An employer that discharges an individual for being homosexual or transgender violates Title VII of the Civil Rights Act of 1964, the Supreme Court held 6-3 in one of the last decisions of its October 2019 term. Bostock v. Clayton County, Georgia, 140 S. Ct. 1731 (2020). Title VII contains the well-known prohibition of discrimination in employment against an individual “because of” the individual's “race, color, religion, sex, or national origin.” 42 U.S.C. § 2000e-2(a)(1). Writing for the majority, Justice Gorsuch explained that an employer who fires an individual for being homosexual or transgender fires that person for traits or actions it would not have questioned in members of a different sex. Thus, sex plays a “necessary and undisguisable role” in such decisions—precisely what Title VII forbids.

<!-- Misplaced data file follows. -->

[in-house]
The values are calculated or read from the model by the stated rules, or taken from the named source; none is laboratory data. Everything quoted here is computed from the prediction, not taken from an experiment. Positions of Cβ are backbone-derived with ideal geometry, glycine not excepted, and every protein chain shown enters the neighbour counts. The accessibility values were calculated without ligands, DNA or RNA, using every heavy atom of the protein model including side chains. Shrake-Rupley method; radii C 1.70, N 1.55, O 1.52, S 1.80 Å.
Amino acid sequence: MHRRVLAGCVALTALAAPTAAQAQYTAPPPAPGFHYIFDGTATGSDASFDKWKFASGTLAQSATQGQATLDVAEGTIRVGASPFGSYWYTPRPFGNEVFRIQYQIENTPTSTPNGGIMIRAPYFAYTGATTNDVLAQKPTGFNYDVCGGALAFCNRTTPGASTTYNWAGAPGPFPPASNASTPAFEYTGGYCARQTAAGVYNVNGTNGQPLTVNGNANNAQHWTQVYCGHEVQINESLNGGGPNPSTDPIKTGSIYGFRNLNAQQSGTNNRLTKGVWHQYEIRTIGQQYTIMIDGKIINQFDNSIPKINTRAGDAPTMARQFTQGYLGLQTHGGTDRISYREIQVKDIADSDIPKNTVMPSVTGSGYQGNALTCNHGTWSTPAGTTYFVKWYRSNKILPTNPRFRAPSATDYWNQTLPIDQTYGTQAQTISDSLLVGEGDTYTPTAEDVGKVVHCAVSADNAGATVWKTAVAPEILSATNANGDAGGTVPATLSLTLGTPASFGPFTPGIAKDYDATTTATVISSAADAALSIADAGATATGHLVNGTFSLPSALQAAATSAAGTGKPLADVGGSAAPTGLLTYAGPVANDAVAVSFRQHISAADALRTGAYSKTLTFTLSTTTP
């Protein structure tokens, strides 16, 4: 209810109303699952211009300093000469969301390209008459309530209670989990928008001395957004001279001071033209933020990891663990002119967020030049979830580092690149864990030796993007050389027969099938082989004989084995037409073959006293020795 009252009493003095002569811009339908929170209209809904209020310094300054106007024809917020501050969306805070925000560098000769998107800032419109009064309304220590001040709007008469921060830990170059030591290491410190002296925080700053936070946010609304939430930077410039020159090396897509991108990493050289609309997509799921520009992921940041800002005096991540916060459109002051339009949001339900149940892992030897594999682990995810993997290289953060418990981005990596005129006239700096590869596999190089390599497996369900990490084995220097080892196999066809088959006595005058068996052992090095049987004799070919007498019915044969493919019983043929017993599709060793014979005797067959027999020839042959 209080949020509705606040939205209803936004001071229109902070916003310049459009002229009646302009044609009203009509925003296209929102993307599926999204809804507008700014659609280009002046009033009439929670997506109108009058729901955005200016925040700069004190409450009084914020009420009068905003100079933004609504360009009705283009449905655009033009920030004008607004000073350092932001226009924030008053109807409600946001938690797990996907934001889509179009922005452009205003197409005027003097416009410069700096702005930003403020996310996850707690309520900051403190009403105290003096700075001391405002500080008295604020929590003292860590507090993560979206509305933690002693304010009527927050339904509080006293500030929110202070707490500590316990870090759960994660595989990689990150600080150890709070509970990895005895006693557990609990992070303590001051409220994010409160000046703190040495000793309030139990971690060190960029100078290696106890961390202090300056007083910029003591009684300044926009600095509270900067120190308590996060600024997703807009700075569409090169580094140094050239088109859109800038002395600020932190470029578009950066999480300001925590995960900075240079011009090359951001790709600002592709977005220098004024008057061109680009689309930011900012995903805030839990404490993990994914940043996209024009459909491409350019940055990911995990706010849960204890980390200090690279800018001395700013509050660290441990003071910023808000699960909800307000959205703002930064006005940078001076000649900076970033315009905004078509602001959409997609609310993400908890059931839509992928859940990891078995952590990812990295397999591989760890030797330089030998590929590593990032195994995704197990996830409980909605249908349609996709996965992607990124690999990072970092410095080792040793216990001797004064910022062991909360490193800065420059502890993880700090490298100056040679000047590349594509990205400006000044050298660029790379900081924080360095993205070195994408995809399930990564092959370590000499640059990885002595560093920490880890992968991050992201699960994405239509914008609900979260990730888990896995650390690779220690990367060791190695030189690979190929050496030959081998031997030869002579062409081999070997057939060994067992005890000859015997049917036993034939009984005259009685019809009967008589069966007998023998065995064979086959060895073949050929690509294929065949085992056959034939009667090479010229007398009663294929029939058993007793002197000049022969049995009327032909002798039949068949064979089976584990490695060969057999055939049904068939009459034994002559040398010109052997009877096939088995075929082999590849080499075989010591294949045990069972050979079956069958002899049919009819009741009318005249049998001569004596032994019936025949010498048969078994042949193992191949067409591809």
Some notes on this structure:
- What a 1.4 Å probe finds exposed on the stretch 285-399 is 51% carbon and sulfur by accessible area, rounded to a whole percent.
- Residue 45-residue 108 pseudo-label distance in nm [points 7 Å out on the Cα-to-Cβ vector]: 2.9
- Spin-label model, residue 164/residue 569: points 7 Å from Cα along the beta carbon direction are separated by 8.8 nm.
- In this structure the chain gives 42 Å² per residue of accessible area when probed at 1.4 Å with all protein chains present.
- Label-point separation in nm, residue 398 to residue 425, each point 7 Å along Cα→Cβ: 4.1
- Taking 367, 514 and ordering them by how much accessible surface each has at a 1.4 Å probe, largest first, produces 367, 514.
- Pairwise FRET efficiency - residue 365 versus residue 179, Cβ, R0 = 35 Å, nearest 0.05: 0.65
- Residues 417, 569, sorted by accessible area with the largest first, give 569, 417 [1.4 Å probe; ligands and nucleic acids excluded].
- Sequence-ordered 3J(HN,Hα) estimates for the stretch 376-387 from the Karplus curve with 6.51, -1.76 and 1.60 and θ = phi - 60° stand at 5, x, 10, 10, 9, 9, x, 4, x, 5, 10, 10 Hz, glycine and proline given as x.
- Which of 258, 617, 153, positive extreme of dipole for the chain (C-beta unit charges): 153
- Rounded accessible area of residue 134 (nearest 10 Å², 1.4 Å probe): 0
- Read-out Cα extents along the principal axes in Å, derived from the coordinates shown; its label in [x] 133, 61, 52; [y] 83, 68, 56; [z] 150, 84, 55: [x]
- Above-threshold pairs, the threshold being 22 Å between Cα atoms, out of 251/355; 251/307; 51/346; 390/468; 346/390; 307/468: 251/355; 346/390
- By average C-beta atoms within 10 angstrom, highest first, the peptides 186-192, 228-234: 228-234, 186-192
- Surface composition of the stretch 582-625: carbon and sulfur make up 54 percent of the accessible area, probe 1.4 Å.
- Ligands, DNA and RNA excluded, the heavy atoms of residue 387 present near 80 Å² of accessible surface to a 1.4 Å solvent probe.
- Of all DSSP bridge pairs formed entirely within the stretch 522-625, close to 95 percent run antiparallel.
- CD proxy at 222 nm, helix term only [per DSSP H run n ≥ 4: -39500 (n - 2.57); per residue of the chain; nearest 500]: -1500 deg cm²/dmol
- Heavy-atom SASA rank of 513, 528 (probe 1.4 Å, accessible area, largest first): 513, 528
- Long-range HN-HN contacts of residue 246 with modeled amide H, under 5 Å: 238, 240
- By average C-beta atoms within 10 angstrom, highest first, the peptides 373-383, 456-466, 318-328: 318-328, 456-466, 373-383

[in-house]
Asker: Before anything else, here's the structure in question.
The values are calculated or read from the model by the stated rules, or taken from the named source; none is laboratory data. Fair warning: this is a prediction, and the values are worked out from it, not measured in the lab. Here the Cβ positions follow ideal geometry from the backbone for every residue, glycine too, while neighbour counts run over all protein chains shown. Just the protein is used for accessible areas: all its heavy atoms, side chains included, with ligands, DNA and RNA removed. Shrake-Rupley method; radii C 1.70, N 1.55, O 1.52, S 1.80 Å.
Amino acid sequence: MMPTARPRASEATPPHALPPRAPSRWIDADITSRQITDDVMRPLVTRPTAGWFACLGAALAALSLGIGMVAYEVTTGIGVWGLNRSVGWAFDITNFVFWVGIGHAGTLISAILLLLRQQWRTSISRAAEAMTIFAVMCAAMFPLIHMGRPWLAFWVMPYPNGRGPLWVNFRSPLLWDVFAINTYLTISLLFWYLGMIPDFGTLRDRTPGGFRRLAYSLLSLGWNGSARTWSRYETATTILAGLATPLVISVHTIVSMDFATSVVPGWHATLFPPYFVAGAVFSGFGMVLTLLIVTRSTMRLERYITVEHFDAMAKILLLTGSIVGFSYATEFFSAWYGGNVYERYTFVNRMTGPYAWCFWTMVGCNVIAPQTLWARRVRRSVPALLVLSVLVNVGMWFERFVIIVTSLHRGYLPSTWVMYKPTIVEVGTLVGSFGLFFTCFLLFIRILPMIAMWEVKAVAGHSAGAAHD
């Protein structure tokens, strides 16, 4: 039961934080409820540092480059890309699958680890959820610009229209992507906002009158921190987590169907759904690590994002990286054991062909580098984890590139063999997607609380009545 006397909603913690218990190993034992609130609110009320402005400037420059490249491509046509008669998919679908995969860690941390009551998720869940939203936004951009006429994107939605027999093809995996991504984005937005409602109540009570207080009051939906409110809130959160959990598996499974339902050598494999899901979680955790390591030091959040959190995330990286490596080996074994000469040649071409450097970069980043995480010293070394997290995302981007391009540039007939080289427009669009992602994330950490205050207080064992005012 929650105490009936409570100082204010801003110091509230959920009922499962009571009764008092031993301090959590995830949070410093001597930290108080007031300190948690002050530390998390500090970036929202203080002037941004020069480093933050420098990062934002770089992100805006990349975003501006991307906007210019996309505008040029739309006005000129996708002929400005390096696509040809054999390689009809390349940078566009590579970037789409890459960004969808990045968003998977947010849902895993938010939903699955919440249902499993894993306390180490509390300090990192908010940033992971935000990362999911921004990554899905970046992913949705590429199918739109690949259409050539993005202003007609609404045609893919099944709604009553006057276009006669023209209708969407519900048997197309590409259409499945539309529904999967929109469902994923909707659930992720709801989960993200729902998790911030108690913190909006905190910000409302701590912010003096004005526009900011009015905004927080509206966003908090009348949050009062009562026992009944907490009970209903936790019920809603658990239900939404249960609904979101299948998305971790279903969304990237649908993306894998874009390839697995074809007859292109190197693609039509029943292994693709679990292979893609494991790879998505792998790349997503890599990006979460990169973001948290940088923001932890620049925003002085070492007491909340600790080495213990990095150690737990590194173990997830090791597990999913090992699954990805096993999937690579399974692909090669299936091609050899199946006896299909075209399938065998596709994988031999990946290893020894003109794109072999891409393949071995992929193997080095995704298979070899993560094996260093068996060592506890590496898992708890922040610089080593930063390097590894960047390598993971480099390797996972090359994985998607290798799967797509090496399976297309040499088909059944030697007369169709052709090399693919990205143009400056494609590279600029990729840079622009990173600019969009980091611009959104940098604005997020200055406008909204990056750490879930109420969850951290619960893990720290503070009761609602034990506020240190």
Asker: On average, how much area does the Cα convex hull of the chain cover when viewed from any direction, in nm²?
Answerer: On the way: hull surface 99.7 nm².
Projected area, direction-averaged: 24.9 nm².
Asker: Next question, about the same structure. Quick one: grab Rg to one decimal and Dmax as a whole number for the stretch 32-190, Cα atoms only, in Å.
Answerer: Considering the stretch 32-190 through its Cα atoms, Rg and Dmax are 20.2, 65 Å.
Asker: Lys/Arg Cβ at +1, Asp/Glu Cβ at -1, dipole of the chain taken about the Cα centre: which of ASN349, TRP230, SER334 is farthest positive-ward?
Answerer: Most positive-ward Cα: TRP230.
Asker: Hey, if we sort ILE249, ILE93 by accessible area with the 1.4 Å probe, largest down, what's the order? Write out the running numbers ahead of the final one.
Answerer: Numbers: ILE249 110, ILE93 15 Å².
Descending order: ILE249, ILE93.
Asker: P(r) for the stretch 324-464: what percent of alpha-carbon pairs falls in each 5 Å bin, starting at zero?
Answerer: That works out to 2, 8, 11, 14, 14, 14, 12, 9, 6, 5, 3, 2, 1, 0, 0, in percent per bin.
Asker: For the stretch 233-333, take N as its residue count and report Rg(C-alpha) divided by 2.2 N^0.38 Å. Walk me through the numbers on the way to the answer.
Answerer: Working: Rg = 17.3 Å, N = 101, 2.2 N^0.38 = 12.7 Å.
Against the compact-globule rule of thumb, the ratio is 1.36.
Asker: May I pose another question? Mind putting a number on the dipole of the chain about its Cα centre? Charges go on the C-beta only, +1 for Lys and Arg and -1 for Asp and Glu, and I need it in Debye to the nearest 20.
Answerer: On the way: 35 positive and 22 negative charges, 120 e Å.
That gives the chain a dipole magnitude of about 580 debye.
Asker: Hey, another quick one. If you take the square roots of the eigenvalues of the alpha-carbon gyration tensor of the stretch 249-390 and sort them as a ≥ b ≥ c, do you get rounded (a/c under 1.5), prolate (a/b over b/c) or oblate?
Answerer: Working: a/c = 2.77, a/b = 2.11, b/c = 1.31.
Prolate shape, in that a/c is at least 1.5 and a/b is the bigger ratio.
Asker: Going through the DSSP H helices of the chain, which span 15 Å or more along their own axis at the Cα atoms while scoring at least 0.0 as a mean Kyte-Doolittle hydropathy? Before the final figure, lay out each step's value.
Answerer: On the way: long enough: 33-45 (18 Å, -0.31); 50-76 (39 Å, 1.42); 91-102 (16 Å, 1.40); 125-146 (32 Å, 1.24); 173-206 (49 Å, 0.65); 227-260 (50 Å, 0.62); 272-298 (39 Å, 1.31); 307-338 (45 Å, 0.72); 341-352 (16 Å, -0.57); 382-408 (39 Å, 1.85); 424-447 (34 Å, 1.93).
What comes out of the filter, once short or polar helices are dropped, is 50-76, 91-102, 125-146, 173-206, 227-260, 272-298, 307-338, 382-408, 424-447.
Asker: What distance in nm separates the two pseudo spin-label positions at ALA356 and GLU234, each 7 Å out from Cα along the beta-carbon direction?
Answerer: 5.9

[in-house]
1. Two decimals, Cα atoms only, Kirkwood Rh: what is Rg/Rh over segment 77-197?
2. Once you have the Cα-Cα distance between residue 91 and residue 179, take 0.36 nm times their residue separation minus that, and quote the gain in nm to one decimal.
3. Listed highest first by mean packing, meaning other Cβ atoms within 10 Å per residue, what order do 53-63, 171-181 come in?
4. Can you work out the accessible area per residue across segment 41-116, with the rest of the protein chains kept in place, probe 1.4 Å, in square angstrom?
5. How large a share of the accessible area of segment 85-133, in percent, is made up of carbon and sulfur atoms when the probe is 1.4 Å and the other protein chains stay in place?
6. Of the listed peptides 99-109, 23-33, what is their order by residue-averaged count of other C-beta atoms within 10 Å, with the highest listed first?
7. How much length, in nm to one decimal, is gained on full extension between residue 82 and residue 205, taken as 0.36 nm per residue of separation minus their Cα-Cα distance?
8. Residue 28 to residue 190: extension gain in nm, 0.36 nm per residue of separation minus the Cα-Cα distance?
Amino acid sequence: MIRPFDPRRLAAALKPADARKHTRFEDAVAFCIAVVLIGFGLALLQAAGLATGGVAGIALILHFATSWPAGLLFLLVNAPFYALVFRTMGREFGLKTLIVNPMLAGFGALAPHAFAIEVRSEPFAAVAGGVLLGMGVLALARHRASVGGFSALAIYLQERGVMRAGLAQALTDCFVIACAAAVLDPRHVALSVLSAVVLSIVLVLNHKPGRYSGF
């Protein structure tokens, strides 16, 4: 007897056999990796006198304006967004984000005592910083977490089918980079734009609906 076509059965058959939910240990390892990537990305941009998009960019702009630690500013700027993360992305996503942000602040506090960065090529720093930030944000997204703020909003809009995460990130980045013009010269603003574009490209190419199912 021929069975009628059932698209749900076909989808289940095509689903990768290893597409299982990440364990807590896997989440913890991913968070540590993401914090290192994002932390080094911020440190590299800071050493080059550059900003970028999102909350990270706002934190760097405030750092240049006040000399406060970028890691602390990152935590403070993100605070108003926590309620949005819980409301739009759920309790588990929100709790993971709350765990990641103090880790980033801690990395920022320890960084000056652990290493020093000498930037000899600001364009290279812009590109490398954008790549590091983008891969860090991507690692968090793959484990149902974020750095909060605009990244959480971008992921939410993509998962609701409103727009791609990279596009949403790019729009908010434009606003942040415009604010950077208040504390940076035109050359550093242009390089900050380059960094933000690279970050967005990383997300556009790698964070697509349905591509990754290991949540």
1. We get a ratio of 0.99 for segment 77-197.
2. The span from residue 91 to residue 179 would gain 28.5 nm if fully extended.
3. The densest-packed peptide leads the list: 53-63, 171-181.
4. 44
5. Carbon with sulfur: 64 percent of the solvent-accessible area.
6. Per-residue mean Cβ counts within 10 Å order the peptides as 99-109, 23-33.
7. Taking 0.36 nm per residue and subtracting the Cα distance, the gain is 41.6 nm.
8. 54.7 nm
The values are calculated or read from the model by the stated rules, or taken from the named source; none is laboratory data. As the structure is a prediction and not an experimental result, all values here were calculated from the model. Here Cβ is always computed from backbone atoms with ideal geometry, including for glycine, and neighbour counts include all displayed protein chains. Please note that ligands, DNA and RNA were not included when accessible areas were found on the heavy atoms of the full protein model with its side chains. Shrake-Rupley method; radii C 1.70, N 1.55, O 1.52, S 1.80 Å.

Three cases were consolidated for this appeal. Each one started with an employer discharging a long-term employee soon after the employee revealed that he was homosexual or gender-transitioning—and allegedly for no other reason.Read More